NFL: Have the Raiders Fixed Their Problems at Wide Receiver?



The Oakland Raiders are one of the most storied and successful franchises in NFL history. They have won three Super Bowl titles and have seen 24 players, coaches, and executives, including longtime owner Al Davis, inducted into the Pro Football Hall of Fame. Things haven’t gone so well as of late for the silver and black, however: their last winning season came all the way back in 2002, and the team will be on their eighth full-time head coach since their blowout loss to the Tampa Bay Buccaneers in Super Bowl XXXVII.

One of the biggest reasons for the lack of success in Oakland has been the franchise’s inability to find difference makers at the wide receiver position. During the teams’ most recent run of success from 2000-2002, their offense was fortunate enough to have two Hall of Fame wide receivers at their disposal in Jerry Rice and Tim Brown (pictured above). While both players were nearing the end of their careers during that stretch of time, they were both easily still among the best wide receivers in the league at that time. Rice and Brown both left town following the 2003 season, and the Raiders have only had one receiver who has had a 1,000-yard season – Randy Moss in 2005 – in the time since their departures.

Since the days of Rice and Brown, the Raiders have searched high and low for an elite wide receiver, but have constantly come up short. First there was Jerry Porter, who was a solid player, but far from a No. 1 caliber wideout. After the Porter experiment failed, the team traded for Moss in 2005. At the time of his acquisition, Moss was still in the prime of his career, but never played up to his ability during his brief stint in Oakland. After the move to add Moss proved to be a flop for the Raiders, the team went out and spent big money on free agent wide receiver Javon Walker in 2008. Walker’s six-year, $55 million contract, that included $16 million in guaranteed money, yielded a total of 15 receptions for 196 yards and one touchdown. And then there was the selection of Darrius Heyward-Bey, an unpolished, yet freakishly athletic wide receiver, with the seventh overall pick in the 2009 NFL Draft. Heyward-Bey proved to be a bust, and is now the poster child for the moves made during the late Al Davis’ final years as the team’s owner and General Manager. Since crashing and burning with Heyward-Bey, the Raiders have played it relatively safe when it comes to addressing the wide receiver position. That was until this past offseason.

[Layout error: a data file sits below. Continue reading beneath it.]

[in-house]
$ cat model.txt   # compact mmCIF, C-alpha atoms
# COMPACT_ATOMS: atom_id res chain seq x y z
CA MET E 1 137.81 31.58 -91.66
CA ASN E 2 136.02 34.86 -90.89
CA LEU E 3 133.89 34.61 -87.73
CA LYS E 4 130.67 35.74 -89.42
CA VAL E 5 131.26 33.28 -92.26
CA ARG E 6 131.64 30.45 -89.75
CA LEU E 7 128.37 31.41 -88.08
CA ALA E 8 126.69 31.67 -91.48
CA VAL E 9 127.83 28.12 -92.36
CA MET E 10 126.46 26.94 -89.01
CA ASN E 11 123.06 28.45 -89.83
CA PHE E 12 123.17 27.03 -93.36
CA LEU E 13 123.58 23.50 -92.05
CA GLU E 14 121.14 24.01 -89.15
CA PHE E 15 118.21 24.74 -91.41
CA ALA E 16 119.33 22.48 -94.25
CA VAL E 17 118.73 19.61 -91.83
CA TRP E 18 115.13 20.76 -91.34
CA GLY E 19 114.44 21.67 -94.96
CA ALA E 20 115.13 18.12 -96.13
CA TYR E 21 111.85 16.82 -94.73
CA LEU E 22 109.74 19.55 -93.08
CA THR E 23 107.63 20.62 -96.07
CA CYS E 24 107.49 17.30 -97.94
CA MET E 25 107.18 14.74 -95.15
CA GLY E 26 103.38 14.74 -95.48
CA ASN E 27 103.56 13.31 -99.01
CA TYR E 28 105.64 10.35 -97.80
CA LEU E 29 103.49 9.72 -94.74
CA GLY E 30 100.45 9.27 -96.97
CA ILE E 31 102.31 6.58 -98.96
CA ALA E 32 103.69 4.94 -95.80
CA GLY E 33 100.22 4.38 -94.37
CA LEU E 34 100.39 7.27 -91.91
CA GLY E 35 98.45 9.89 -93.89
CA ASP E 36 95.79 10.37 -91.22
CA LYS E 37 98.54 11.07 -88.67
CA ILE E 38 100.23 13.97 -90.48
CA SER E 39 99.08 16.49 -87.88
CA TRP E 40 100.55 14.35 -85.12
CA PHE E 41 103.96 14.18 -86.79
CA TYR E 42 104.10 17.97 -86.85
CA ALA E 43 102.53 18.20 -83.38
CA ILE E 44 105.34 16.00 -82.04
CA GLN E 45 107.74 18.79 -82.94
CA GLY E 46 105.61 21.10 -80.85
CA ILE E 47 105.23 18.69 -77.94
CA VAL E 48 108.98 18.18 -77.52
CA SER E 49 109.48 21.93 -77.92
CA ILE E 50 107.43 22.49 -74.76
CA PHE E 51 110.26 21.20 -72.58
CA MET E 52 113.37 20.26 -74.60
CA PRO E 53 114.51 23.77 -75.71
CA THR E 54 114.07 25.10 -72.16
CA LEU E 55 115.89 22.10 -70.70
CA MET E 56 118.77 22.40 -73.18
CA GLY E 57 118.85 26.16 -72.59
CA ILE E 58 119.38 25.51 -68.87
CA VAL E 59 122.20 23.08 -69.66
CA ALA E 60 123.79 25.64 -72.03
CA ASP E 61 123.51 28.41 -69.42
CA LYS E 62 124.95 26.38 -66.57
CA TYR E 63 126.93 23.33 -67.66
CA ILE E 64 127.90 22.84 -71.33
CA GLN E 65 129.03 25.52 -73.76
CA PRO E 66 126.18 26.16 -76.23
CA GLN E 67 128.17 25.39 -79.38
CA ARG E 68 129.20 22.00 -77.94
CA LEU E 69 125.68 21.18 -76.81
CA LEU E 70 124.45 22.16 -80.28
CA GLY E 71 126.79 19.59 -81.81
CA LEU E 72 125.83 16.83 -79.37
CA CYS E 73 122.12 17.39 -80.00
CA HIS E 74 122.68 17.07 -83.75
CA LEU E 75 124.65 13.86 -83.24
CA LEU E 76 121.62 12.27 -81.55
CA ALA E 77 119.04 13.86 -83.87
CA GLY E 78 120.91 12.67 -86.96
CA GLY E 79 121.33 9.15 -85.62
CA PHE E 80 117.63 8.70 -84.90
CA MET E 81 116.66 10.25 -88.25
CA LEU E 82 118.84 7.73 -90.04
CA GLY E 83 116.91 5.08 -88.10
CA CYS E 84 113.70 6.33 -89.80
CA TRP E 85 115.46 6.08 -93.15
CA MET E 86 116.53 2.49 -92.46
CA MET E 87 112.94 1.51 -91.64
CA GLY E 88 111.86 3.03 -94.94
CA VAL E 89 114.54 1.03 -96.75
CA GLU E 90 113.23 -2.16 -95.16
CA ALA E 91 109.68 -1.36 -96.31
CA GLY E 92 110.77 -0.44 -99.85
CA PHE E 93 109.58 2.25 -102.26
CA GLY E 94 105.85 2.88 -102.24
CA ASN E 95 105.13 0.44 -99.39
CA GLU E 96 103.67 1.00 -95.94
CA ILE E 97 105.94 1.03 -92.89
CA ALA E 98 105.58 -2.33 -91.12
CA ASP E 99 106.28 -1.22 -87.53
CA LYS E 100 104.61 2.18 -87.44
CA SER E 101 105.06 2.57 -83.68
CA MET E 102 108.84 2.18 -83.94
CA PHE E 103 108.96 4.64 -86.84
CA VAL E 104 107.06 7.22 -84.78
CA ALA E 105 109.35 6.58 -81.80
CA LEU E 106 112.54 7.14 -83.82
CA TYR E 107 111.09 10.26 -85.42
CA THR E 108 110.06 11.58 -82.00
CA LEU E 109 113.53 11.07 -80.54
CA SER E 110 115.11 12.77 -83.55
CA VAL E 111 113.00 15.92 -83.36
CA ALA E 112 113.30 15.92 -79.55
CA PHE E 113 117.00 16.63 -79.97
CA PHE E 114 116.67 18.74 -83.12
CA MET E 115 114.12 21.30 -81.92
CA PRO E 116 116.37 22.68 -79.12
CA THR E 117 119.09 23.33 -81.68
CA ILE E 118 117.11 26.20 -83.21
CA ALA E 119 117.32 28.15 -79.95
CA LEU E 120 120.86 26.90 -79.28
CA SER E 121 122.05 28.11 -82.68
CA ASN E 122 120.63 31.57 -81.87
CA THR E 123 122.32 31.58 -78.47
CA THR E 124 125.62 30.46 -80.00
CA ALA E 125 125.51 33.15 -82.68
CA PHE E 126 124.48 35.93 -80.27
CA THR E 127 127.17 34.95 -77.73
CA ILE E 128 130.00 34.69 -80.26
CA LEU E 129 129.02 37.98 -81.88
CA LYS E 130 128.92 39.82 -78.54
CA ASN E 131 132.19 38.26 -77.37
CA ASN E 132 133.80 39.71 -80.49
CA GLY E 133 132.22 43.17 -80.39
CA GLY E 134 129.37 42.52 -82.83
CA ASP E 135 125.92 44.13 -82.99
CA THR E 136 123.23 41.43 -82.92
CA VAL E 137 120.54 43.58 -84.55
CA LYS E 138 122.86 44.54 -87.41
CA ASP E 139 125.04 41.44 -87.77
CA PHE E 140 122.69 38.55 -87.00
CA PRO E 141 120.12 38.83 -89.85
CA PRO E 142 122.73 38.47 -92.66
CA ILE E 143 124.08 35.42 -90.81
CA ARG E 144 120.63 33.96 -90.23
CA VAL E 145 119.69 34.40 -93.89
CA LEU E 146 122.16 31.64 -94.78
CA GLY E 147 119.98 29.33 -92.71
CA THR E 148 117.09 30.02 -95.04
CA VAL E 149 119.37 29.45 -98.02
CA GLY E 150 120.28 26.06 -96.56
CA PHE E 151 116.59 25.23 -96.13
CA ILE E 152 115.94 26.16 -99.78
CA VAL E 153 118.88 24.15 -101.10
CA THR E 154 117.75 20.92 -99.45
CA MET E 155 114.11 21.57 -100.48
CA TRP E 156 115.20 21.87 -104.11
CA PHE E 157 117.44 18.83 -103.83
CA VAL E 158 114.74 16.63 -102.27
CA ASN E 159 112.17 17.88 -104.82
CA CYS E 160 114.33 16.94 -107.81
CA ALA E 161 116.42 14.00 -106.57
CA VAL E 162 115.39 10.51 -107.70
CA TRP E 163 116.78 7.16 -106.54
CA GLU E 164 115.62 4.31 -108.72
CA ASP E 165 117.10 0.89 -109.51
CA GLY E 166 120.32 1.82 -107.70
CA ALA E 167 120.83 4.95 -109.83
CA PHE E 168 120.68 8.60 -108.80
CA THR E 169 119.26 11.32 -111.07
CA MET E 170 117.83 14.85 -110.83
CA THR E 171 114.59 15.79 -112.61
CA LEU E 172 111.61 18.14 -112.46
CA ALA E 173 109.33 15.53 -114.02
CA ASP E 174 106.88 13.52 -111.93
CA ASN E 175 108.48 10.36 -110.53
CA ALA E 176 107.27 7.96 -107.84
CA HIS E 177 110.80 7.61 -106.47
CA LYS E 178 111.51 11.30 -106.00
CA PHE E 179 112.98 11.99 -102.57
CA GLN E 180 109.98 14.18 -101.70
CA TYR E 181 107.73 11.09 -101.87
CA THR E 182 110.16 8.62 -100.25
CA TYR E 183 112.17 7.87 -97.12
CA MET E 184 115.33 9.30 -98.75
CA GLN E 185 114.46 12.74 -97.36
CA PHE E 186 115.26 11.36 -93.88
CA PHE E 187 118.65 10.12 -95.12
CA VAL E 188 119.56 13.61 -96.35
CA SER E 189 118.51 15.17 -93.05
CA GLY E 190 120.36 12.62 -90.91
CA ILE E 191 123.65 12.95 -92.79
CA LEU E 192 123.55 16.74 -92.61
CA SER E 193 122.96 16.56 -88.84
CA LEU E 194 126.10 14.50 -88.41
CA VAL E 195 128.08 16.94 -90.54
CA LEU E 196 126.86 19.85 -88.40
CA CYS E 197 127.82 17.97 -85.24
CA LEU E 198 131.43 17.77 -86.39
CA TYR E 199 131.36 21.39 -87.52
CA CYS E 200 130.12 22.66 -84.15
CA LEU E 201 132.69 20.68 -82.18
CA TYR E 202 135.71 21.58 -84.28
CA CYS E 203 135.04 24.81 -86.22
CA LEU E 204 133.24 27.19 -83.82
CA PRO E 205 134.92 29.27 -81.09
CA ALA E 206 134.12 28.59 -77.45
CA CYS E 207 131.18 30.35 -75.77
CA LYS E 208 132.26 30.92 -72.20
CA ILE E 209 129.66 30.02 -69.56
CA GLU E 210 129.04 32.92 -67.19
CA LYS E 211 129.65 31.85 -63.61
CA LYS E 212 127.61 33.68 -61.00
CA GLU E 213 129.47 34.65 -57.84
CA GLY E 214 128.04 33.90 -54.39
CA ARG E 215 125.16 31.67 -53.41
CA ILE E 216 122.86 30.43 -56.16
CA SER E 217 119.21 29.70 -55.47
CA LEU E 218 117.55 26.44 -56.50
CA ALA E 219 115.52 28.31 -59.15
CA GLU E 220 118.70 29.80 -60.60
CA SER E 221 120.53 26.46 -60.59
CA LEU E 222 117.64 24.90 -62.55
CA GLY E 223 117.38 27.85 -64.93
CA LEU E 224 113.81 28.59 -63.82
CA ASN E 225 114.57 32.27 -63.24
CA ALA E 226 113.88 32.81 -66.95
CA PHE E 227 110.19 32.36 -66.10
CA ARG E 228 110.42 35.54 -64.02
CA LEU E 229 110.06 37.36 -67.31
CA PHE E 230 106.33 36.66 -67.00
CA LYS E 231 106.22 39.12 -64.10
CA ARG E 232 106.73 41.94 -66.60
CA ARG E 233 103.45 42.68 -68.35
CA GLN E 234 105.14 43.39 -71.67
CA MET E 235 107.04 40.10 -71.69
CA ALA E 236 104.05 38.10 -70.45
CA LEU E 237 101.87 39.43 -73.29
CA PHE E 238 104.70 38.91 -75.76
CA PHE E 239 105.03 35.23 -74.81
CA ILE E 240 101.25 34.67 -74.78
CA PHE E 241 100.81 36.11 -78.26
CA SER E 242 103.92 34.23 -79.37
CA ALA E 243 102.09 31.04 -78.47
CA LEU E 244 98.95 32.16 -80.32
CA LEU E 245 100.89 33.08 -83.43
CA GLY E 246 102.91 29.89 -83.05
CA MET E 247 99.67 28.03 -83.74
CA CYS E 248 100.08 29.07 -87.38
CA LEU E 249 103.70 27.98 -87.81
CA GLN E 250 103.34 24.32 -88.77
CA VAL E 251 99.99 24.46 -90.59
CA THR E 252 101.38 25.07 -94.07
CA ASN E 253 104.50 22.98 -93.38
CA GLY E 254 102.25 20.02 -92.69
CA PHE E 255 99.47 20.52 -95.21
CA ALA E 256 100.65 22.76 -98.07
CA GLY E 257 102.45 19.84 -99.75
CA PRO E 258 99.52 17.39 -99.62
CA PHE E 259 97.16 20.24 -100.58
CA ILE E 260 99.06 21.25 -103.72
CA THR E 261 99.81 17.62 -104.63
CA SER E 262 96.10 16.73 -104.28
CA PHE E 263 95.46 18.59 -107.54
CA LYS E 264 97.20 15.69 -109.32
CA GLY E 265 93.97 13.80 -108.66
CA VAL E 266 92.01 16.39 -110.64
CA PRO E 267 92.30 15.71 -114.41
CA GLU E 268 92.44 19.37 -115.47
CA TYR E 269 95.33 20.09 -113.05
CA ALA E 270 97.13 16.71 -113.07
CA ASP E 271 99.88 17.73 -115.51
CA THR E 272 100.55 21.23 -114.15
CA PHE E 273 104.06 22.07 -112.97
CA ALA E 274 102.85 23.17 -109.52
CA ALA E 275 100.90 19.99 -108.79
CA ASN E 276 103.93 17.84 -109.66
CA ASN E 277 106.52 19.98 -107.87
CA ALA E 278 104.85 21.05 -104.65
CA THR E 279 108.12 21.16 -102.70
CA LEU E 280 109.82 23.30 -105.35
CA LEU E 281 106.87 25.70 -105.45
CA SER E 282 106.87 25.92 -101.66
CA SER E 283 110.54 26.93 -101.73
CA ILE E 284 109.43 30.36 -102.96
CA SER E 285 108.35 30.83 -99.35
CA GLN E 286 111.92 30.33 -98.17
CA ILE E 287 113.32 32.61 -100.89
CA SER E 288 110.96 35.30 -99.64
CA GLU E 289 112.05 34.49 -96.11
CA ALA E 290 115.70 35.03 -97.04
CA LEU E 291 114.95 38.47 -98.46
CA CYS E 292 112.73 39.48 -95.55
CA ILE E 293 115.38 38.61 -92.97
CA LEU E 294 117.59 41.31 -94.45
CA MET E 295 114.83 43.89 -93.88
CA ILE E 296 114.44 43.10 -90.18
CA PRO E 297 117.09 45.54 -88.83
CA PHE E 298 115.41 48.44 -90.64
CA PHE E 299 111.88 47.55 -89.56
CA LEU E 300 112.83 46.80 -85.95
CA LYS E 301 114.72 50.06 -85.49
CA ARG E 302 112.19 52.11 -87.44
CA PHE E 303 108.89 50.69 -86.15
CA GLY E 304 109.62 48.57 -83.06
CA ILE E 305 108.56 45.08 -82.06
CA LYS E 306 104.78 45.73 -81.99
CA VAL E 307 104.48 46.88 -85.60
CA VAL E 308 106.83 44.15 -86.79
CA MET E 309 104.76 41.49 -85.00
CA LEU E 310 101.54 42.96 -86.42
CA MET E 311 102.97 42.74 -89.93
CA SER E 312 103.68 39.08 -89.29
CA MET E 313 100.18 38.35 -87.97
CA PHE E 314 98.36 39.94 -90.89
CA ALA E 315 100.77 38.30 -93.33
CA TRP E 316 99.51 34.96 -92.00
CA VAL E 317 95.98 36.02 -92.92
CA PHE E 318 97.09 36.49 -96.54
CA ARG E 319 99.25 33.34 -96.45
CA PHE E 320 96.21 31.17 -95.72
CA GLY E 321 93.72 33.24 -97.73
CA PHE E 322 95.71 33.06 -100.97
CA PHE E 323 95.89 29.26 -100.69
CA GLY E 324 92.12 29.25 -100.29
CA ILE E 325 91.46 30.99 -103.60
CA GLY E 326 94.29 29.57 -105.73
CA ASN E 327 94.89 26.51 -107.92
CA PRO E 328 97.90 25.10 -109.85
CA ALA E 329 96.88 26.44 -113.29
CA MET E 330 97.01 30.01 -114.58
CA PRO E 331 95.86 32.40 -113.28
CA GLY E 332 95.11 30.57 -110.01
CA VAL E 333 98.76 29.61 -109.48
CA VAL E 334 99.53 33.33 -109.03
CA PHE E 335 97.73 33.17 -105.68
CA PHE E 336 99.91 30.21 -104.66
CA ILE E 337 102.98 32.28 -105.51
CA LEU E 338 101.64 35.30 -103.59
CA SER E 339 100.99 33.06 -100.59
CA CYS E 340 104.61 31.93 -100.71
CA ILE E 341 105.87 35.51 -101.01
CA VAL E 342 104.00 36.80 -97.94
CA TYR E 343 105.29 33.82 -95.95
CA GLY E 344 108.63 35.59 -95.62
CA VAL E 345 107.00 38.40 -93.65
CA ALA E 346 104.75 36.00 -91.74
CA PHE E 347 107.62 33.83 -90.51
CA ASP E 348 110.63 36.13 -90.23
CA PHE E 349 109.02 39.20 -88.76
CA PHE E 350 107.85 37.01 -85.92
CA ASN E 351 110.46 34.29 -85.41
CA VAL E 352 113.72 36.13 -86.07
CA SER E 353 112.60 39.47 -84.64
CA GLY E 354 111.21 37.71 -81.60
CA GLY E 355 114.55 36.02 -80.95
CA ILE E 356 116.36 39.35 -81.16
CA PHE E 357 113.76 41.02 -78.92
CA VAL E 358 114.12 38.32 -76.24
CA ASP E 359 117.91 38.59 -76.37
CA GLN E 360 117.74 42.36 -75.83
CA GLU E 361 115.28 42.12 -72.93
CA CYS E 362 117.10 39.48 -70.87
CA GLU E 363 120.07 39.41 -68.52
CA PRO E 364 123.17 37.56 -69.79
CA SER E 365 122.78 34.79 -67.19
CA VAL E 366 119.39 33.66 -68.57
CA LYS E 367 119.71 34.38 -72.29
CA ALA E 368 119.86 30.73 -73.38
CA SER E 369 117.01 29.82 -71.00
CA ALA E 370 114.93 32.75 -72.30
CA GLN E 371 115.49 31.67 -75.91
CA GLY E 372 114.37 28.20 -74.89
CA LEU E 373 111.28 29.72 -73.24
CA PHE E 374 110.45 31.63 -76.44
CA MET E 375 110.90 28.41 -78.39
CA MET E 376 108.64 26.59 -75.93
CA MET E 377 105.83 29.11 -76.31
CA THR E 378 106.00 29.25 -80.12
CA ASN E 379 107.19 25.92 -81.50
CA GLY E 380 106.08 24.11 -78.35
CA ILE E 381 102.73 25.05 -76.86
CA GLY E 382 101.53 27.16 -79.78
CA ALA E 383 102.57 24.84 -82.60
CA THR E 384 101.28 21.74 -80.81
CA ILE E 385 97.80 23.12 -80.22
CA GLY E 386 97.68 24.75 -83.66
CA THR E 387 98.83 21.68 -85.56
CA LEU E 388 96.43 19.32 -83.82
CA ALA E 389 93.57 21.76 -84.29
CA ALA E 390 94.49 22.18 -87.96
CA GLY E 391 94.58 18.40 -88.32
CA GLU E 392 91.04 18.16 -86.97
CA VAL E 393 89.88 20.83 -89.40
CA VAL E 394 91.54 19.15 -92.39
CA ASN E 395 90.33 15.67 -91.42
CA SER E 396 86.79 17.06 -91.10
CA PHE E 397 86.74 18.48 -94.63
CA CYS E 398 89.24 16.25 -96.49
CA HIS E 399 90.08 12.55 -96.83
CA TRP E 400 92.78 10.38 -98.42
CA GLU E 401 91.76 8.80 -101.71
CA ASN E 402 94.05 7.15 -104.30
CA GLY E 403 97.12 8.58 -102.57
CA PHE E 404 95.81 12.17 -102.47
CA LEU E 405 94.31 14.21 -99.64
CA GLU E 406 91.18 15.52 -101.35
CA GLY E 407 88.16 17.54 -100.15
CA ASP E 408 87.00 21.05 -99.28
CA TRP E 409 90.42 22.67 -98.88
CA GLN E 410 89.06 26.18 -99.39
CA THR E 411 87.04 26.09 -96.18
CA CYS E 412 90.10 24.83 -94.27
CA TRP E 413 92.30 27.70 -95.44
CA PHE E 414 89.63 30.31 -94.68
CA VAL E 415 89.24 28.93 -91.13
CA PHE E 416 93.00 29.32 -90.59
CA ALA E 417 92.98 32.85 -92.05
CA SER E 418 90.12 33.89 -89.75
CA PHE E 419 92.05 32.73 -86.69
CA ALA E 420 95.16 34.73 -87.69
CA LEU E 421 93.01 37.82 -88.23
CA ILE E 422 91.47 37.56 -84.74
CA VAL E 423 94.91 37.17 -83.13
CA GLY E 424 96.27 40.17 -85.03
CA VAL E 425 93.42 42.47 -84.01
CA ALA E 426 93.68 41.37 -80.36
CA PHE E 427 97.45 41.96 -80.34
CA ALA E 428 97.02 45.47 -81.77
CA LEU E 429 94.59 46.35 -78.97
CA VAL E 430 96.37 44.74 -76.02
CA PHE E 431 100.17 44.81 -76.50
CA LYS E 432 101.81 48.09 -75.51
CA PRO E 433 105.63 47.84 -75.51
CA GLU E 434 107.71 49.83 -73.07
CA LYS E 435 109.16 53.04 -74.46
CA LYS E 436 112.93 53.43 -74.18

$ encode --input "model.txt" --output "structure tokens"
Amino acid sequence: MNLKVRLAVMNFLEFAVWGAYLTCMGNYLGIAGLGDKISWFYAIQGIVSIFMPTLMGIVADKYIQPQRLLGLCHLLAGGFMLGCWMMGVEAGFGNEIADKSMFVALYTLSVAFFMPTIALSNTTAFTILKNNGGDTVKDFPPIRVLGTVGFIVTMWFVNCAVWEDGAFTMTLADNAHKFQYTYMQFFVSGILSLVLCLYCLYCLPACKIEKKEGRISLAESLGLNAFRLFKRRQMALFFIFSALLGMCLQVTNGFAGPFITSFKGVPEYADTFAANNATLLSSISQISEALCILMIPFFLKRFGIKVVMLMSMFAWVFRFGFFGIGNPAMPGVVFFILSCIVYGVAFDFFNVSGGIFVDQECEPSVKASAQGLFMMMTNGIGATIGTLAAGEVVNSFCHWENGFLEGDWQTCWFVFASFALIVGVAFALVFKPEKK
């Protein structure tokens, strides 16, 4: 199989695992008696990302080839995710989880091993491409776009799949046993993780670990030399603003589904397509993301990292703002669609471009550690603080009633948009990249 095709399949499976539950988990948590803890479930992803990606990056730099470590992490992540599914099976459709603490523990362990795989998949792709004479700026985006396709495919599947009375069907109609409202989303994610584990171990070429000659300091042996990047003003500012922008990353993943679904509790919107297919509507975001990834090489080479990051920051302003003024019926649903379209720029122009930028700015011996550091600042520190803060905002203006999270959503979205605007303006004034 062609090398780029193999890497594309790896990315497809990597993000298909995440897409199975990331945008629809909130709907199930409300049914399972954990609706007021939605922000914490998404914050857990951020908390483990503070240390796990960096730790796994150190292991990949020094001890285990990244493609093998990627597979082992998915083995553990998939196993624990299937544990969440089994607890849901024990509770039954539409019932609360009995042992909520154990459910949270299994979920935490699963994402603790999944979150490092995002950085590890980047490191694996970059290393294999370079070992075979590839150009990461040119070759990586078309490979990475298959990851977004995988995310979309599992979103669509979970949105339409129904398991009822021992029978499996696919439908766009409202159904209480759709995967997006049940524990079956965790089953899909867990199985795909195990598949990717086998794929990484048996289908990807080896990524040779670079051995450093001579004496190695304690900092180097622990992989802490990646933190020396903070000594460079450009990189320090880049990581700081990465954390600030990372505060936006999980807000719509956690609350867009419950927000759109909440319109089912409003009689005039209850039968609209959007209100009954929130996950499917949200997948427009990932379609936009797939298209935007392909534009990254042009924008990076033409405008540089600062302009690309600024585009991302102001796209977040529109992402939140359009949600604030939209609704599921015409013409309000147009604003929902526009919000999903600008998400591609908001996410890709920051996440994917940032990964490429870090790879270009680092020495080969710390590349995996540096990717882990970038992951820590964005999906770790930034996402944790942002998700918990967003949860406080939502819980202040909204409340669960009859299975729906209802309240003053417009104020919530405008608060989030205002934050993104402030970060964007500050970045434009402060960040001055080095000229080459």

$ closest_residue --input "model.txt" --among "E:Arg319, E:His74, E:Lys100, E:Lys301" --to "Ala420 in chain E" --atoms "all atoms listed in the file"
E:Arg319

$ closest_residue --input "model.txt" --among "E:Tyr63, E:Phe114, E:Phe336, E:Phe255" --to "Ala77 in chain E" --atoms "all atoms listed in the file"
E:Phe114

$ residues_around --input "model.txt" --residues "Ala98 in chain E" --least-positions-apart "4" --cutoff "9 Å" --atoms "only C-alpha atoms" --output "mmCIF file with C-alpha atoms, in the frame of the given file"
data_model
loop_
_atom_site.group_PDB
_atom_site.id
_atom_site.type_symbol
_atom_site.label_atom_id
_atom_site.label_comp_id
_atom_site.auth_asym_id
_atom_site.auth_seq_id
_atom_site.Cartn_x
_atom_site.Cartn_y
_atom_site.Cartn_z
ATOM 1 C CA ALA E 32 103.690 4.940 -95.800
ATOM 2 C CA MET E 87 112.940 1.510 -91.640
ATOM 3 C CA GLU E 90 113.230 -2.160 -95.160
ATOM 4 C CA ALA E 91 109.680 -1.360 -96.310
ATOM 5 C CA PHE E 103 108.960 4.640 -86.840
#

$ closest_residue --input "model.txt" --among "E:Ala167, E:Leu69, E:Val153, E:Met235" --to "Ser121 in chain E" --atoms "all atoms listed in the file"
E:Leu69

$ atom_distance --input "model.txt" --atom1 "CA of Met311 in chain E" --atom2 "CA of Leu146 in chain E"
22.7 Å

Kevin C. Cox/Getty Images

Kevin C. Cox/Getty Images

After landing top-five picks in the NFL Draft for three-straight years, the Raiders finally opted to use an early first round pick to address their issues at wide receiver. With the fourth overall pick in the 2015 NFL Draft, the Raiders selected former Alabama wide receiver Amari Cooper, who won the 2014 Fred Biletnikoff Award as the best wide receiver in college football. Prior to the draft, most scouts viewed Cooper as one of the most polished wide receivers to come out of college in several years, and by several accounts, he has been as good as advertised. The 6-foot-1, 211-pounder has constantly been turning heads throughout the team’s offseason program and training camp. The team is fully expecting him to make an immediate impact, likely as the team’s No. 1 wide receiver, during his rookie season.

One of the big surprises of Raiders training camp has been Michael Crabtree. The former San Francisco 49ers wide receiver entered the league as a first round pick with incredibly high expectations, but never really emerged as a Pro Bowl-caliber player in San Francisco. That could be changing in 2015. Multiple reports out of Oakland are saying that the 27-year-old Crabtree has been nearly unstoppable in practices, and that he has an excellent rapport with second-year quarterback Derek Carr. With that being said, going against Keith McGill, T.J. Carrie, and D.J. Hayden isn’t exactly the same as going up against Chris Harris Jr., Darrelle Revis, or Richard Sherman.

The first thing that anyone who has attended a Raiders training camp practice will tell you is that the team will have a different culture and attitude under new head coach Jack Del Rio. The second thing they will tell you is that the team may have finally fixed their problems at the wide receiver position.

All statistics courtesy of Pro-Football-Reference.

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